Discussions of prefiguration have also taken place beyond the field of contentious politics (Yates, 2021; Fians, 2022). For instance, Schlosberg and Craven (2019) describe as “prefigurative” the practices of environmental groups promoting more sustainable practices in everyday life – be it through new food systems, community-based renewable energy projects, or even sustainable fashion; Monticelli (2021) refers to ecological villages and intentional communities; and Laamanen and colleagues (Laamanen and den Hond, 2015; Laamanen, Bor and den Hond, 2019) examine through a prefiguration lens the organisational practices of a local time bank. In such cases, the emphasis is placed on the building of alternative activities, projects or institutions, that are experimental and experiential, and which strive to represent distant goals directly (“here and now”) through everyday practices that have longer-term political goals (Franks, 2003; van de Sande, 2015). This will be my perspective in this thesis, as the online groups I have studied are less directly concerned about participation in protest activities and directly confronting dominant power structures than about experimenting with new alternatives.

However, it is important to point out that prefigurative groups have often been criticised precisely for failing to pose a meaningful challenge to dominant institutions. For example, Soborski (2019, p. 81) argues that “some prefigurative movements end up celebrating themselves in an inward and narcissistic fashion rather than trying to have any impact on the world outside activist spaces”; and that while prefiguration may have a “transformative impact” on its participants, it “leaves the rest of the world unchanged.” In a systematic review of critiques, Yates (2021) shows that “detractors have persistently contrasted prefiguration with strategy and effectiveness” (p.1034). According to such critics, prefiguration is either:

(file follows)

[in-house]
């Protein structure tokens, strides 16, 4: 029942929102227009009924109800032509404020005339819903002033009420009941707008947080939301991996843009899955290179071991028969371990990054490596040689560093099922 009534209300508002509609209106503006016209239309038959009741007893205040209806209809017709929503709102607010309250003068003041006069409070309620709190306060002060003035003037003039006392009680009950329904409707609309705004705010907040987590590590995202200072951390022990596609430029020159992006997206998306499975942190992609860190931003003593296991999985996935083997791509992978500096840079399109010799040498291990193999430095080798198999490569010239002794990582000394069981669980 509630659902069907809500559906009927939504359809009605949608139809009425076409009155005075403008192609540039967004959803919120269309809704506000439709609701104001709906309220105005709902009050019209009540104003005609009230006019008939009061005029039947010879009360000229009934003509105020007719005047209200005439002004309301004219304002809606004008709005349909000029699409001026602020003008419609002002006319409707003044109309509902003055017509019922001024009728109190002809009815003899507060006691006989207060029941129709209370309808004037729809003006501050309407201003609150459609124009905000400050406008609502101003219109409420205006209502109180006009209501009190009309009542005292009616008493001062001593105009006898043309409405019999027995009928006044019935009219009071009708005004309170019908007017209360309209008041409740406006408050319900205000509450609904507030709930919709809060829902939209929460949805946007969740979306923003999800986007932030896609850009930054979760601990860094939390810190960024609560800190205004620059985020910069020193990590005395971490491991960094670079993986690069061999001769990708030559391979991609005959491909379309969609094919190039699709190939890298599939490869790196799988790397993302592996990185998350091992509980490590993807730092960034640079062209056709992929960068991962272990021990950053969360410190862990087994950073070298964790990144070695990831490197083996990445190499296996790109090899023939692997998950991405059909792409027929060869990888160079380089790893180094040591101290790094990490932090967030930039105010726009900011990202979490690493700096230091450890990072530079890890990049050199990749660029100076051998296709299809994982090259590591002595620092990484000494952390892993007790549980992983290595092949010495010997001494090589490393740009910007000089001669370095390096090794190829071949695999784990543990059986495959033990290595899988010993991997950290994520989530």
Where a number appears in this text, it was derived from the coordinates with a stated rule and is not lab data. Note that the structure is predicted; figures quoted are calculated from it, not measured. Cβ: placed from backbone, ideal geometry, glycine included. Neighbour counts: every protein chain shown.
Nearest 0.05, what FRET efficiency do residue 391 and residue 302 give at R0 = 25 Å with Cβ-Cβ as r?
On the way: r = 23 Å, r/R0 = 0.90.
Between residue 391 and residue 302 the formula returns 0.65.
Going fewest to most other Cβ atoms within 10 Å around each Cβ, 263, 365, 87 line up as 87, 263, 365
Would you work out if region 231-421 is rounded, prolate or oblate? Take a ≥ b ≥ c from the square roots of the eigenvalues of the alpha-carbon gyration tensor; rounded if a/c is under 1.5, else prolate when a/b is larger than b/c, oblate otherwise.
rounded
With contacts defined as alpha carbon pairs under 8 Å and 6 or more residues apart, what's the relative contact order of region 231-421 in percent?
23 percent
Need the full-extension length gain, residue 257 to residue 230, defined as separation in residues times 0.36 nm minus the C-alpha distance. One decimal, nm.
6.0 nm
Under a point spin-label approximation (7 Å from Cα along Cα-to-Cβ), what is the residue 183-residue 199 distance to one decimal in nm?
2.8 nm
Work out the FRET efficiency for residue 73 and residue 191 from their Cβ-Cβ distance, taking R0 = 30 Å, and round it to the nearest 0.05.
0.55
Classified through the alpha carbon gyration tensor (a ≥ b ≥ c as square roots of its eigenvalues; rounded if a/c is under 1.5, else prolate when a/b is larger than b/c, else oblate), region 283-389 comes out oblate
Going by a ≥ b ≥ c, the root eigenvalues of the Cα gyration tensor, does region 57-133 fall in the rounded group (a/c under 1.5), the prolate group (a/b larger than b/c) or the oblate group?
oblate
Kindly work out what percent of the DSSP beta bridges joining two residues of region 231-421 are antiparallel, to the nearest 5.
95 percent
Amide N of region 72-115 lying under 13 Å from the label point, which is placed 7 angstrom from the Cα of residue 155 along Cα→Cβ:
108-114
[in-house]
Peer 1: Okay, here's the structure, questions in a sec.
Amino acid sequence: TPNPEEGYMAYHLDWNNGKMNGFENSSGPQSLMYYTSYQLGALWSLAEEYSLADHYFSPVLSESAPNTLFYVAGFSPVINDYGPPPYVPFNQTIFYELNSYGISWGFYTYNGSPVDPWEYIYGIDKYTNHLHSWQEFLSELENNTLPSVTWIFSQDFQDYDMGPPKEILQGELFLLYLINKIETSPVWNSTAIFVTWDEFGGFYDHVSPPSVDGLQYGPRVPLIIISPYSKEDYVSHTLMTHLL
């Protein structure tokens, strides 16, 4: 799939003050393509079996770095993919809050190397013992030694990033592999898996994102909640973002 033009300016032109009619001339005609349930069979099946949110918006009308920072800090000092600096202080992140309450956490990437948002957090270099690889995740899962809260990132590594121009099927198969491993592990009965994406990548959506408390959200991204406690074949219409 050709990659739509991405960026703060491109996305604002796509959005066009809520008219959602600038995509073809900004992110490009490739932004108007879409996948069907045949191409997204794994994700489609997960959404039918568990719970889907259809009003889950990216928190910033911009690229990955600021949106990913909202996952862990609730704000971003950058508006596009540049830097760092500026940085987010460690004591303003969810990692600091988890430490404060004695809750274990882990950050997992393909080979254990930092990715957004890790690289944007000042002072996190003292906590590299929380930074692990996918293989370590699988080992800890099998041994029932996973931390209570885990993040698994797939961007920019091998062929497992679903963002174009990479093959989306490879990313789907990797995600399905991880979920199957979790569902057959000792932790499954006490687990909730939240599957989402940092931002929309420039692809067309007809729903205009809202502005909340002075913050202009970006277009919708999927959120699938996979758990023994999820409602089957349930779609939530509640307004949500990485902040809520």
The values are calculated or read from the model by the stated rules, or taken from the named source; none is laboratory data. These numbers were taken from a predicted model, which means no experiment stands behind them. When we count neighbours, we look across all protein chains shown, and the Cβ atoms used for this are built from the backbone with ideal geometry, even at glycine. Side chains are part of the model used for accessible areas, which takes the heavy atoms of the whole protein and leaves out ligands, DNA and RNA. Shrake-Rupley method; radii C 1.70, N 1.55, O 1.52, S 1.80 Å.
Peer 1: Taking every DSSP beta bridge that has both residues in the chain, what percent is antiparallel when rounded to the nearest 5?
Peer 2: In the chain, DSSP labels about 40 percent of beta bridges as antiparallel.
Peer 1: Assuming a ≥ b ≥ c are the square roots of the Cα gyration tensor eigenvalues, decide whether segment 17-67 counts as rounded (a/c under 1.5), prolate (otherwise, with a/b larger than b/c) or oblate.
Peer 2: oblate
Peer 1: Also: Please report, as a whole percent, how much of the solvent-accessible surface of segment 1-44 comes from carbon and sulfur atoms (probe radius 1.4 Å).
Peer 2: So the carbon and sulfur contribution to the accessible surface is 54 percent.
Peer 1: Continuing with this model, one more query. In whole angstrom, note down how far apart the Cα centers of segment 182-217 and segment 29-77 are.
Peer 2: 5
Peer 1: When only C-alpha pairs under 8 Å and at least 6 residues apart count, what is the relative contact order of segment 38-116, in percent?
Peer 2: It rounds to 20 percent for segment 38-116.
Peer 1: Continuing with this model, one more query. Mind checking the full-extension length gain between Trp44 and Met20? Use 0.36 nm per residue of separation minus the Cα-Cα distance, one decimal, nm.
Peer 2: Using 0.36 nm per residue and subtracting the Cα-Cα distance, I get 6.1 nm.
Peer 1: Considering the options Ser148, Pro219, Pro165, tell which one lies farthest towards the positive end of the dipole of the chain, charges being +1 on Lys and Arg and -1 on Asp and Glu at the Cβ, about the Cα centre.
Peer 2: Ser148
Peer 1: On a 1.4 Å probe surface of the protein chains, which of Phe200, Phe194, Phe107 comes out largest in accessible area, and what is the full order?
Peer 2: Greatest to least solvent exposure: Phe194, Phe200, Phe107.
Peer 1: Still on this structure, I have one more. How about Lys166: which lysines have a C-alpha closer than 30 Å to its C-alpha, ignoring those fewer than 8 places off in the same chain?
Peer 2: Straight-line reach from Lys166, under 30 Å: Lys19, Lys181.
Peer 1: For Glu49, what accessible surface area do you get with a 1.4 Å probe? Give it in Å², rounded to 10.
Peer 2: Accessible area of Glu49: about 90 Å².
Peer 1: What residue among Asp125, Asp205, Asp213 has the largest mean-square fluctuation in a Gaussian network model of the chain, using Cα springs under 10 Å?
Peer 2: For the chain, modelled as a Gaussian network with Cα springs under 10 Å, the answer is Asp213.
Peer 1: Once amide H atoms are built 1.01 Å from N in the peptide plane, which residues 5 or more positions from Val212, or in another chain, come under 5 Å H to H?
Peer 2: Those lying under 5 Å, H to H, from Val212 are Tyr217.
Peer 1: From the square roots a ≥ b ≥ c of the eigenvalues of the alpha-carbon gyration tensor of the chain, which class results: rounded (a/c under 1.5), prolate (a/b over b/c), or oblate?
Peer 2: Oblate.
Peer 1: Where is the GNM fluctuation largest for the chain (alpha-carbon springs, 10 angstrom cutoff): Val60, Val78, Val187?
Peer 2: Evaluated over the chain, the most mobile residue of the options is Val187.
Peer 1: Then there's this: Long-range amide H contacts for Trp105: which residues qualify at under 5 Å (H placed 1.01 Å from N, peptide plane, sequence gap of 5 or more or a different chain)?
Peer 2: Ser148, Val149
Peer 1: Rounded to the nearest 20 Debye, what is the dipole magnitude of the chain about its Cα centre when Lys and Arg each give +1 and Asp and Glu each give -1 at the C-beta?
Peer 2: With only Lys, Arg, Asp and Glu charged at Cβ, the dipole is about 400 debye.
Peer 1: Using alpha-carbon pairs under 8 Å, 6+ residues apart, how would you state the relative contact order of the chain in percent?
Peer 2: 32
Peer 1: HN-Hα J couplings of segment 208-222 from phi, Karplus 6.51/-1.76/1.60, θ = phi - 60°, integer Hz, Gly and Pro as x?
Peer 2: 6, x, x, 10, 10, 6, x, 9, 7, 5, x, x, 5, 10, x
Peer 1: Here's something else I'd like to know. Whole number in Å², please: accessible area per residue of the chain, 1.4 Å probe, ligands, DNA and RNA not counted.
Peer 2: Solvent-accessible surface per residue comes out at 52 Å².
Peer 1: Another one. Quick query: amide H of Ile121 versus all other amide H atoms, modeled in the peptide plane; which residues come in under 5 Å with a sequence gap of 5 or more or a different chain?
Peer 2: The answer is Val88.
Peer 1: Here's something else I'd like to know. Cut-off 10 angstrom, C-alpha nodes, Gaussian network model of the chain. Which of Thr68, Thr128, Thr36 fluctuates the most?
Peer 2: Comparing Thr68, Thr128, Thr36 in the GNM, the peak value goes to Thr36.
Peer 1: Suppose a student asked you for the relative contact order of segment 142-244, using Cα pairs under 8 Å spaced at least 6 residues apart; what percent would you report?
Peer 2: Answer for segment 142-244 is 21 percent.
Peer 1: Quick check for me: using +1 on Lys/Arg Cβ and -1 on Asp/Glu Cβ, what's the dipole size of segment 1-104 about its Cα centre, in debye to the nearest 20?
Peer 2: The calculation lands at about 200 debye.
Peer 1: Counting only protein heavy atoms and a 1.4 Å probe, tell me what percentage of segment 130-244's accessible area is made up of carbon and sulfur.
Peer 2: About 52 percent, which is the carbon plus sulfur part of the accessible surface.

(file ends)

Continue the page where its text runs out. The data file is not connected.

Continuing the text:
1. “too localised, small-scale and focused on the present, and too easily co-opted by existing actors”; or leads to
  2. “fetishising process, alienating newcomers” and over-emphasising “identity and self-expression” (Yates, 2021, p.1042).

Yates then goes on to address these criticisms. He recommends more attention to how prefiguration can productively inform certain practices and processes of social movement activity, such as the reproduction of resources, the mobilisation of these resources, and the coordination of various activities toward political goals.